Science writer Martin Robbins put it beautifully in an article in The Guardian which was helpfully accompanied by a graph illustrating that stars from The Apprentice and Dragons’ Den have made more appearances on Question Time than “all the scientists in the world put together”. Robbins wrote that Question Time was failure when it came to providing informed debate.

The bulk of panelists are drawn from the same upper-middle-class, upper-middle-aged pot of journalists, lawyers and politicians, and are often profoundly ignorant on topics outside of that narrow culture. Science, sex, the internet … attempts to tackle anything outside their world result in bewildering exchanges that confuse more often than they inform.

But Question Time has currency because it is the most watched political programme on British television and, as Phil Burton Cartledge points out, an appearance on the show by a politician or a commentator is a signal that they should be taken seriously.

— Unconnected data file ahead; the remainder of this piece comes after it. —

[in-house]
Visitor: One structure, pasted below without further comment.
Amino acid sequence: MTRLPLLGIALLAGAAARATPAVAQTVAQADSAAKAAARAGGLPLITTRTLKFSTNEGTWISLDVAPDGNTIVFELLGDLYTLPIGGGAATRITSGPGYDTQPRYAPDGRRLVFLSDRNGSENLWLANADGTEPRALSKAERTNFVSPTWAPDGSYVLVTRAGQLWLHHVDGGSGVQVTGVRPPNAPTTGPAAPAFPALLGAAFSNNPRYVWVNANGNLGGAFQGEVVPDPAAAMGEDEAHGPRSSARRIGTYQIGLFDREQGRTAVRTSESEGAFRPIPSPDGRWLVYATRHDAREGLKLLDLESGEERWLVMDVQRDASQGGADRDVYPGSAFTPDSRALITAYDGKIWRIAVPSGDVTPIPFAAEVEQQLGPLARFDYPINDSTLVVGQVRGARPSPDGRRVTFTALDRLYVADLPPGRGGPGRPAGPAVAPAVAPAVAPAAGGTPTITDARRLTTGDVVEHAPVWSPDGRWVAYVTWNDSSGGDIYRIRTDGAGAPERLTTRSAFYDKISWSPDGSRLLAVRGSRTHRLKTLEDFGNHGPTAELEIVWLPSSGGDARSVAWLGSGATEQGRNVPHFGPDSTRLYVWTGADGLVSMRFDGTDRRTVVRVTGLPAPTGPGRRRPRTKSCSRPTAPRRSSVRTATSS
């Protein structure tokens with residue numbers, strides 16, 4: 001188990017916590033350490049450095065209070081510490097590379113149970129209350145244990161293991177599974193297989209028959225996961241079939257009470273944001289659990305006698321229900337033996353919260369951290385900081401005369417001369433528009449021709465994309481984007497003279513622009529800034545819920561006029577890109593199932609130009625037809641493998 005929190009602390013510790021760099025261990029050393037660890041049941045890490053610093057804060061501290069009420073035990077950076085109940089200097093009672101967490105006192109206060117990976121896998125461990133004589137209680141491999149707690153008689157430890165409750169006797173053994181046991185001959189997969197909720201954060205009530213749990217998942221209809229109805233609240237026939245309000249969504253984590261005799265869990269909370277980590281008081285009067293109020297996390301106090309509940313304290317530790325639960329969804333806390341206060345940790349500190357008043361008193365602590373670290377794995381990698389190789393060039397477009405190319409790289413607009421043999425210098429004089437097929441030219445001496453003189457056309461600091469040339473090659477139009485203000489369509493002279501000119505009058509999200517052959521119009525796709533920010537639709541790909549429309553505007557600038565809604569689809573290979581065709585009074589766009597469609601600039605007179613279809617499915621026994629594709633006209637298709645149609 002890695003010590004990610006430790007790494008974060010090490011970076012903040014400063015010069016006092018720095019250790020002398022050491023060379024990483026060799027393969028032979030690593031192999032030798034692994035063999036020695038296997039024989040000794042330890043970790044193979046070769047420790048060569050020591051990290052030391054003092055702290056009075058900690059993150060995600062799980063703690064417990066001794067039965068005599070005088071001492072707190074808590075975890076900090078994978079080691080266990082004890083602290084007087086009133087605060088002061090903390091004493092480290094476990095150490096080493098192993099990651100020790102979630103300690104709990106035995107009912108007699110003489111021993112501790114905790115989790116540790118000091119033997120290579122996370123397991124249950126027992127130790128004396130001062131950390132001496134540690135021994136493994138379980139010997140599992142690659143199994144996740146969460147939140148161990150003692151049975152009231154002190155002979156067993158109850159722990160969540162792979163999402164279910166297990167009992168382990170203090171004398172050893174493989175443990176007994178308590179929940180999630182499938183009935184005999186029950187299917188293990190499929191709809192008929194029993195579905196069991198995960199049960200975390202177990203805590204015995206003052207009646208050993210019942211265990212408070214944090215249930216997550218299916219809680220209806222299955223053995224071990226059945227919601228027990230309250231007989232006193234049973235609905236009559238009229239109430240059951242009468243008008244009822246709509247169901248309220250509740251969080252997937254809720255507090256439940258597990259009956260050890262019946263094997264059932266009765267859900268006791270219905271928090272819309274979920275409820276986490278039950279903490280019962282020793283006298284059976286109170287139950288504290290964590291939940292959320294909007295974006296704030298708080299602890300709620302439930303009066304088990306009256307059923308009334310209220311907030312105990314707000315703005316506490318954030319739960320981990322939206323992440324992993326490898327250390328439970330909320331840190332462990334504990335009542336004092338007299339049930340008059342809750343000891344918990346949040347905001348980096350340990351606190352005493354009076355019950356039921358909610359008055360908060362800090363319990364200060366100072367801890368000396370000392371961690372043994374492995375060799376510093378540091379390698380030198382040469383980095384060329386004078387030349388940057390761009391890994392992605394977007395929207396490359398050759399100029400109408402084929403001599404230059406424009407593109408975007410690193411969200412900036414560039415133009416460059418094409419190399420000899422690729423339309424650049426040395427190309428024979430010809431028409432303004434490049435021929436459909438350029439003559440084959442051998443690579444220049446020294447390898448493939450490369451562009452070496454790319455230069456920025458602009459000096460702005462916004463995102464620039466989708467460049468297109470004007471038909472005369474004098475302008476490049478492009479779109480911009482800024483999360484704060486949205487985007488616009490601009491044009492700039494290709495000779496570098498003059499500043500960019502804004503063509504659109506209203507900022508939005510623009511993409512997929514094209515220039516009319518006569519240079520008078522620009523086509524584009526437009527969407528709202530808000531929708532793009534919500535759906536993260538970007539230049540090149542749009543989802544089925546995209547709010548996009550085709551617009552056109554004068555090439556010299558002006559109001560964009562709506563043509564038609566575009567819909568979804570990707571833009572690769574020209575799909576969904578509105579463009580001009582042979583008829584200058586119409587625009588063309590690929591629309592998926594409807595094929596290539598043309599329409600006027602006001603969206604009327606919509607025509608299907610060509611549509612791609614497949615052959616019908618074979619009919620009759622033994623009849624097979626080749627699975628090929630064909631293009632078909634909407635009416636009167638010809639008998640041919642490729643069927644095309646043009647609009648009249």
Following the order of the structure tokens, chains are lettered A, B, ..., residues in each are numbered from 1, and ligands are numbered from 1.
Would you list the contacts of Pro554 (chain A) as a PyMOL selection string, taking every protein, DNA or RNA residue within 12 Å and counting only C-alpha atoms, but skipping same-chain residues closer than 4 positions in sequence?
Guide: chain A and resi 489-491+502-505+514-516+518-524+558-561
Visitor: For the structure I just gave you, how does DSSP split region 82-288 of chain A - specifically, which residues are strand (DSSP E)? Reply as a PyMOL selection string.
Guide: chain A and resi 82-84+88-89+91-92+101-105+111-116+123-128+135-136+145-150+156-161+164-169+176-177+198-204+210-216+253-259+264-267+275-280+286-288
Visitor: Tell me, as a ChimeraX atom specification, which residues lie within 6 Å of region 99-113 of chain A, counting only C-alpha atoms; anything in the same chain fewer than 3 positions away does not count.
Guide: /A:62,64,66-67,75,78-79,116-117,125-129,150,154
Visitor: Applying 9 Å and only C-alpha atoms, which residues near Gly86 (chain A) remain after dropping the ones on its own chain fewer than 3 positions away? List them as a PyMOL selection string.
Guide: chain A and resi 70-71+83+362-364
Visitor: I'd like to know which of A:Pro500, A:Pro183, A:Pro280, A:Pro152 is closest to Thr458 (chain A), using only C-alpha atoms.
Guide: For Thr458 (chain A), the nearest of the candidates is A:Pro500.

But how long will that continue to be the case? The problem is that the programme should be about debate and information but it descends all too often into travesty. This is due largely to the ambition of a few notorious guests who are routinely asked to appear. Being controversial, difficult or rude seems to guarantee a return ticket. This, obviously, means serious discussion is not necessarily the main objective.

It should be acknowledged that for all the criticism, it appears that, historically, the audience has pretty much preferred the verbal jousting a “Starkey versus Galloway” bout is guaranteed to provide.

The much-trumpeted appearance of Nigel Farage and Russell Brand on the same show in December 2014 led to a huge increase in viewing figures. That show reportedly had an extra million viewers more than the previous week. It rated as that particular Thursday’s second-highest watched show with 3.4m people sitting down to watch.

The continued appearances of Farage (31 over the last decade) is something which has irritated commentators with Nesrine Malik arguing that the election of Trump has added renewed value to his persona. What Malik is hoping for is honesty from the producers. She writes:

“I am hoping that, one day, someone will give up the pretence, simply sigh and admit: “He’s just really good value.”

What is certainly true (to an extent) is that both Brand and Farage have altered the political landscape and that their populist approach has proved to be immensely attractive. That is why they have appeared on the programme. The question is whether this is to be celebrated in an age where the newspaper-reading, web-surfing public are more inclined to be more interested in who is sleeping with whom?